If I Should Wake Review – A Greenway Court Theatre Twentieth Anniversary Celebration

Madeleine Humphries in "Body Quakes" - Photo courtesy of Greenway Court Theatre
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In 2000, the Greenway Court Theatre first opened its doors with the premiere of “Sonnets for an Old Century,” a series of monologs set in the afterlife. How fitting that – twenty years later – the Greenway Court Theatre presents a collection of eight monologs bringing many of the “Sonnets” thoughts and perspectives to the very different world of 2020. IF I SHOULD WAKE has been divided into two parts, each with four monologs exploring some contemporary – and also timeless – issues in a fresh and creative way.

Sammy June in “The Waiting Room” – Photo courtesy of Greenway Court Theatre

PART 1 opens with “The Waiting Room,” a tale featuring Sammy June as Billie, an Instagram celebrity who has been stuck in her childhood bedroom for months courtesy of COVID – and who must now re-read and re-think her teenage diary entries.

In the second monolog, Madeleine Humphries as SJ in “Body Quakes,” a piece by Arianna Basco. Love, loss of identity, and independence clash as a woman realizes that she must reclaim her body when her former lover returns.

Larry Powell in “The Reclamation of my Black Ass Imagination: An Awakening” – Photo courtesy of Greenway Court Theatre

“The Reclamation of my Black Ass Imagination: An Awakening” features Larry Powell as just Somebody, with movement provided by Jamal Wade. Has someone stolen his imagination? And can he imagine it back?

Jon Victor Corpus in “Francis” – Photo courtesy of Greenway Court Theatre

The final piece in PART 1 is “Francis,” penned by Boni B. Alvarez and featuring Jon Victor Corpus as Francis. Surfing the web can be quite an experience – but perhaps the electronic sea has a life of its own.

Carla Valentine in “They Say My Name” – Photo courtesy of Greenway Court Theatre

PART 2 opens with “They Say My Name” by Inda Craig-Galvan. Featuring Carla Valentine as Jackie, this hapless lady has been clinging desperately to a pole over an abyss for 49 days – but perhaps this is the day that everything changes. Should she let go?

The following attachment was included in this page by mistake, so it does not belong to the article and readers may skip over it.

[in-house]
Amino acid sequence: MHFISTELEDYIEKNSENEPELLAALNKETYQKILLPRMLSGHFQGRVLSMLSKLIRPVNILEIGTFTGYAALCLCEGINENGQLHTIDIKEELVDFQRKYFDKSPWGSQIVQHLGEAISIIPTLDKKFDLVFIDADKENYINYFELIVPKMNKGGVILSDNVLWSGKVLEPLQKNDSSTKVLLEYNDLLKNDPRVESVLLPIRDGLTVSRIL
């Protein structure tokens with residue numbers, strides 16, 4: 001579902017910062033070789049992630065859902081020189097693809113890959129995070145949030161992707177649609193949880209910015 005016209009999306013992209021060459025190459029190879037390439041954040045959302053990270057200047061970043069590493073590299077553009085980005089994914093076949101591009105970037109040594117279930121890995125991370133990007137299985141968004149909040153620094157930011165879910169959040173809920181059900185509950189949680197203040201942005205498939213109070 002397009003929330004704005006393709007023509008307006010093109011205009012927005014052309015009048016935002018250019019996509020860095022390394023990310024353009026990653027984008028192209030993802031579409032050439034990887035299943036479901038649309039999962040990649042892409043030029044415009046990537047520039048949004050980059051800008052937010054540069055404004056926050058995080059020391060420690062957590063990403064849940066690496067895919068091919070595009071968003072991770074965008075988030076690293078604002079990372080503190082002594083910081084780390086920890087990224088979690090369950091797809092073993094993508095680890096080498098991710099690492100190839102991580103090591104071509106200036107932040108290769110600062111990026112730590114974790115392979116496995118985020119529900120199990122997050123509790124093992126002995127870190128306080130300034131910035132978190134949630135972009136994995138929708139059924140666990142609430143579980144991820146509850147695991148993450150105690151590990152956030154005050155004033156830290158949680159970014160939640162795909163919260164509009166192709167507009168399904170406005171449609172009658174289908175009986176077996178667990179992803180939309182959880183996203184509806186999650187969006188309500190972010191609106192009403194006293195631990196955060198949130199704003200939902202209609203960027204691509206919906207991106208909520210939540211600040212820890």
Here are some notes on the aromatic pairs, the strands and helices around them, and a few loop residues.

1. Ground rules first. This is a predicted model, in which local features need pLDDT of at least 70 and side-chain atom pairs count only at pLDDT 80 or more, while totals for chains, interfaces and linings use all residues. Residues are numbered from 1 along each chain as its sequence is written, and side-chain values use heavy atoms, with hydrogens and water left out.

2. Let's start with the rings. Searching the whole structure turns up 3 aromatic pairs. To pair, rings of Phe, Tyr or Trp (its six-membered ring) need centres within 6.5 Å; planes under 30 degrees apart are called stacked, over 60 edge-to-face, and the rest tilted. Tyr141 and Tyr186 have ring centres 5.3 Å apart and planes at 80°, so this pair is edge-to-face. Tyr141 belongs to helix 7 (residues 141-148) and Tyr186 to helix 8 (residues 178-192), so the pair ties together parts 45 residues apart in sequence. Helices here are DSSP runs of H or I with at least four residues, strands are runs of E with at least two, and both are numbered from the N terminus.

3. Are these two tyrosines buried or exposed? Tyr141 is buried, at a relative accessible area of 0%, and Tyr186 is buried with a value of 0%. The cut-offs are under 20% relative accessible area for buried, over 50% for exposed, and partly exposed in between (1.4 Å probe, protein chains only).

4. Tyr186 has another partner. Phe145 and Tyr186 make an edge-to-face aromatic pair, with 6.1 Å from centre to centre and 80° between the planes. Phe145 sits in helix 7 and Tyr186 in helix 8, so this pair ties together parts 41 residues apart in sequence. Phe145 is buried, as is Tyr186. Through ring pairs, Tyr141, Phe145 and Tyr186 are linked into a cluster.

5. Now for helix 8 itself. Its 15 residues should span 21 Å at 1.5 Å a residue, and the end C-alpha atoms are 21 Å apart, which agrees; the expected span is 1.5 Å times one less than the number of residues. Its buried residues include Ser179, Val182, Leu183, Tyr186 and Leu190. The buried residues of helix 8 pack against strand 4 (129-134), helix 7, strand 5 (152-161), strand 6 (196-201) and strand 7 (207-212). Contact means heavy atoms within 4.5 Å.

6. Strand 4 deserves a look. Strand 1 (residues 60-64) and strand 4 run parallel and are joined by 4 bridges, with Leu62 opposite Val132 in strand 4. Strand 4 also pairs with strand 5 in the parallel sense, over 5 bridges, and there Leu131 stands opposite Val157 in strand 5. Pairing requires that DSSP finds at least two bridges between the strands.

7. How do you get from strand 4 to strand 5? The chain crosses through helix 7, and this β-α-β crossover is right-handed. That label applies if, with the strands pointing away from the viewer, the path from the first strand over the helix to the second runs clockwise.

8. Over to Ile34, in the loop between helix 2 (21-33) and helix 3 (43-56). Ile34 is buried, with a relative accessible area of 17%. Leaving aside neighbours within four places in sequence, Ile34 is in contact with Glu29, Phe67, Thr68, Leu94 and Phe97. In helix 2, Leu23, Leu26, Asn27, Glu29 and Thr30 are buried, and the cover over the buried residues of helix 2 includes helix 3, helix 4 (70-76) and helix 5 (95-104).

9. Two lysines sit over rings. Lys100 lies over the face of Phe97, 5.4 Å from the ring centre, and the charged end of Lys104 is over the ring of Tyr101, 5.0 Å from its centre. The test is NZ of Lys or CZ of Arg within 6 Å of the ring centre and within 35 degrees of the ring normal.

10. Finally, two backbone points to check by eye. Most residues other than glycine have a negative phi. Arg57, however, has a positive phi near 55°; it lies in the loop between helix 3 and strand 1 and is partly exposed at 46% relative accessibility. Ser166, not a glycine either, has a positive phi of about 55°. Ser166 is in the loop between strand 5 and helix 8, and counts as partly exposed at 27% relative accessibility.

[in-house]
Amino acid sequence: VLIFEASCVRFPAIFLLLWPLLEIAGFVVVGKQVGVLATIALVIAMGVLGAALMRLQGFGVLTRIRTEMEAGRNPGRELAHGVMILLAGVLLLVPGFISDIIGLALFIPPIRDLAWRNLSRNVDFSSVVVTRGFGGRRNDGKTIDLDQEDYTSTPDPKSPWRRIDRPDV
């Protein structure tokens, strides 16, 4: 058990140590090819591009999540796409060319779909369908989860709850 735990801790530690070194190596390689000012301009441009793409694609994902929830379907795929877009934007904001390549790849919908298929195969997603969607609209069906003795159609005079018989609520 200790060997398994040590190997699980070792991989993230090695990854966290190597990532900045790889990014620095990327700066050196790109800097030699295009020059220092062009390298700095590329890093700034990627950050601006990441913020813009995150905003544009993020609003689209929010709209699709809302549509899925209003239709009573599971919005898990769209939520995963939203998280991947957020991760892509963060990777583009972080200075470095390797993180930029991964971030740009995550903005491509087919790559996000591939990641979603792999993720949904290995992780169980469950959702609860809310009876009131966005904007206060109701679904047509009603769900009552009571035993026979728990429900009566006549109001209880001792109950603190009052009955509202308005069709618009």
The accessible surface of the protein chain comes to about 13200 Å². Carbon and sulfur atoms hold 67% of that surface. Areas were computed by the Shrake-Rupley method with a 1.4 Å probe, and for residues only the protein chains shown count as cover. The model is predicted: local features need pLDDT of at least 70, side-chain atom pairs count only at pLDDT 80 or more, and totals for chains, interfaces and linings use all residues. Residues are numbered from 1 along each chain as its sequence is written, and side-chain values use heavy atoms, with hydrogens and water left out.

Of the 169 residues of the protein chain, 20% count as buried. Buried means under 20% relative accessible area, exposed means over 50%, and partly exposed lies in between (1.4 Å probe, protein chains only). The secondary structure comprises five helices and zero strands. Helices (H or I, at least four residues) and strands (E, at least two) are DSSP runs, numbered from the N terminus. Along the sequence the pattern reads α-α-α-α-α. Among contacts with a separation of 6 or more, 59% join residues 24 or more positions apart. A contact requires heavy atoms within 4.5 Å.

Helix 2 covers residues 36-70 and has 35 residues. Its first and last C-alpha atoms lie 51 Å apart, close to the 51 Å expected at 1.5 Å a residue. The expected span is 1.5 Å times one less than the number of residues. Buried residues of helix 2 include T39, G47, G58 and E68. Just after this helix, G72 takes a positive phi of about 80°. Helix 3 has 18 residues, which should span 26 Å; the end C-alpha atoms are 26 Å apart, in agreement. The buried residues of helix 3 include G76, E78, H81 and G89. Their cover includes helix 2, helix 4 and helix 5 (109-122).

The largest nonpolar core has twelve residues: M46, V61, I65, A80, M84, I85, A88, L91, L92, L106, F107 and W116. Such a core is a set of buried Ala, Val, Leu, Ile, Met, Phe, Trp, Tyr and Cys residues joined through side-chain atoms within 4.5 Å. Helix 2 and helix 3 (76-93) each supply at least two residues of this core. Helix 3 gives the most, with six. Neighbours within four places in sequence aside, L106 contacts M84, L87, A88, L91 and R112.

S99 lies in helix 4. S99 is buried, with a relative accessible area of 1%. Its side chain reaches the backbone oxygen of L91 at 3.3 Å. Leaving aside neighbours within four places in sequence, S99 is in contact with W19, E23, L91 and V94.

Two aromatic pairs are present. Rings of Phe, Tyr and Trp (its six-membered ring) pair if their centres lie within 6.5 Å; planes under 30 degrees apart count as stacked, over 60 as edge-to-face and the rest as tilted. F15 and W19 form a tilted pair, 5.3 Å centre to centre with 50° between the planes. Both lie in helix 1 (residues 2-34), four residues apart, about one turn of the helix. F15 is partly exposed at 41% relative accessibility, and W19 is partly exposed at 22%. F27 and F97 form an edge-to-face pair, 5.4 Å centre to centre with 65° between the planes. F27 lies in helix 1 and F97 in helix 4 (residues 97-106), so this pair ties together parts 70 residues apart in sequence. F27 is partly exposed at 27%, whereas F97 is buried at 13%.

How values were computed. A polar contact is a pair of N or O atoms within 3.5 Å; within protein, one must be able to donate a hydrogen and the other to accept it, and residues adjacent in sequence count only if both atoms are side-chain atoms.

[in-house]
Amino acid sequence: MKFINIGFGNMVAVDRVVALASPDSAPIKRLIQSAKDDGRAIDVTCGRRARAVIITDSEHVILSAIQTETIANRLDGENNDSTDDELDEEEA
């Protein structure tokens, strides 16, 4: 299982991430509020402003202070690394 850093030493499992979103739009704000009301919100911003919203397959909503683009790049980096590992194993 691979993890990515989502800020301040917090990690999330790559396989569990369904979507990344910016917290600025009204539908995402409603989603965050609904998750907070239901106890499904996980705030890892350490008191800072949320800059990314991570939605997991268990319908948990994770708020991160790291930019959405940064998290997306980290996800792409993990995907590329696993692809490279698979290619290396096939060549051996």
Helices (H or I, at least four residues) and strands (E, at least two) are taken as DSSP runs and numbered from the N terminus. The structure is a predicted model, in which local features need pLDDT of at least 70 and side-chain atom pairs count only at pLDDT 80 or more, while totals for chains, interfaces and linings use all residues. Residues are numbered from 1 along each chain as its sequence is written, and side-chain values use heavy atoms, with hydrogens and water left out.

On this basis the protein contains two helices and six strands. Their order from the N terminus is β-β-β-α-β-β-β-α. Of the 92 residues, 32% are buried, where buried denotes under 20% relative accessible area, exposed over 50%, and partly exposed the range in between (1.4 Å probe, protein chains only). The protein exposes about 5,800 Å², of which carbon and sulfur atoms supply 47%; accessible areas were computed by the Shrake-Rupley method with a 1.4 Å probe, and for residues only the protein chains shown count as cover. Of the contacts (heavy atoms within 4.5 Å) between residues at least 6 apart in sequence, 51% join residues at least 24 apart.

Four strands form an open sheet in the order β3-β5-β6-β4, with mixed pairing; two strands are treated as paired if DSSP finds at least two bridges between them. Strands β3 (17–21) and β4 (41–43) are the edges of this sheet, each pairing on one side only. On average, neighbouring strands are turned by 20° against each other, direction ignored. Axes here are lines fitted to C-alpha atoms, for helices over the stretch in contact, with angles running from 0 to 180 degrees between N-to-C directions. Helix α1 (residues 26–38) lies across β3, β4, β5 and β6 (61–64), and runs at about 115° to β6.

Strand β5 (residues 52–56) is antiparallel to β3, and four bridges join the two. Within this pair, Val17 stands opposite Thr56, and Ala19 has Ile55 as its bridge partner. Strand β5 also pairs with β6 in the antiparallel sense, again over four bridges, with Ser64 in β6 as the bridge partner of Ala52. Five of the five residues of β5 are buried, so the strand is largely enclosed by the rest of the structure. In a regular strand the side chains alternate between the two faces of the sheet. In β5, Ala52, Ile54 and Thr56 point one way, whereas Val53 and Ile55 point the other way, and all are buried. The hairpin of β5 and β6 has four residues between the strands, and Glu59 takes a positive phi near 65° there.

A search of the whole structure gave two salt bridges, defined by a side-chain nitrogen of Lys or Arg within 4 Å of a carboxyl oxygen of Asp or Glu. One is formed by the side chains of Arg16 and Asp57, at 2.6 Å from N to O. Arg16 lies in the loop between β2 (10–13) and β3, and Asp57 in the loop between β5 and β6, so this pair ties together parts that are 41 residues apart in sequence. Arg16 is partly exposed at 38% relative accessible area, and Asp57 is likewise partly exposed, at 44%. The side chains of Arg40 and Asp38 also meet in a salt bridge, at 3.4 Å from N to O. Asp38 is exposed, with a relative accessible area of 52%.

Shanelle Darlene in “Cassandra” – Photo courtesy of Greenway Court Theatre

“Cassandra” by Alex Alpharaoh features Shanelle Darlene as Cassandra, a college freshman who gets to share her divorced father’s thoughts and dreams through a poignant letter in which she suddenly realizes the sacrifices which he made to make sure that he stayed in her life.

Diana Burbano in “Quicksand” – Photo courtesy of Greenway Court Theatre

Diana Burbano is both author and actor in “Quicksand,” her wanderings through downtown Los Angeles as her own traumatic history unfolds.

Trieu Tran in “The Let Go” – Photo courtesy of Greenway Court Theatre

Finally, Yehuda Hyman’s “The Let Go” features Trieu Tran as He. As his body dies and turns to a vaporous haze, he meets a stranger who is also fading away – but will this stop them from a final new kind of dance?

IF I SHOULD WAKE offers a peek at some young talents as they consider life, death, and everything before, in between, and after. Presented online, the eight monologs aptly reflect 2020, a time of plague, uncertainty, and isolation – but also of creativity.

IF I SHOULD WAKE is screened in two parts. Part 1 originally streamed at 7 p.m. (PST) from 11/20/20 and continued on demand through 11/27/20, with a reprise from 12/4/20 to 12/10/20. Part 2 began streaming at 7 p.m. (PST) on 11/27/20 and continues on demand through 12/10/20. Both Part 1 and Part 2 are free online, and each is 45 minutes long.


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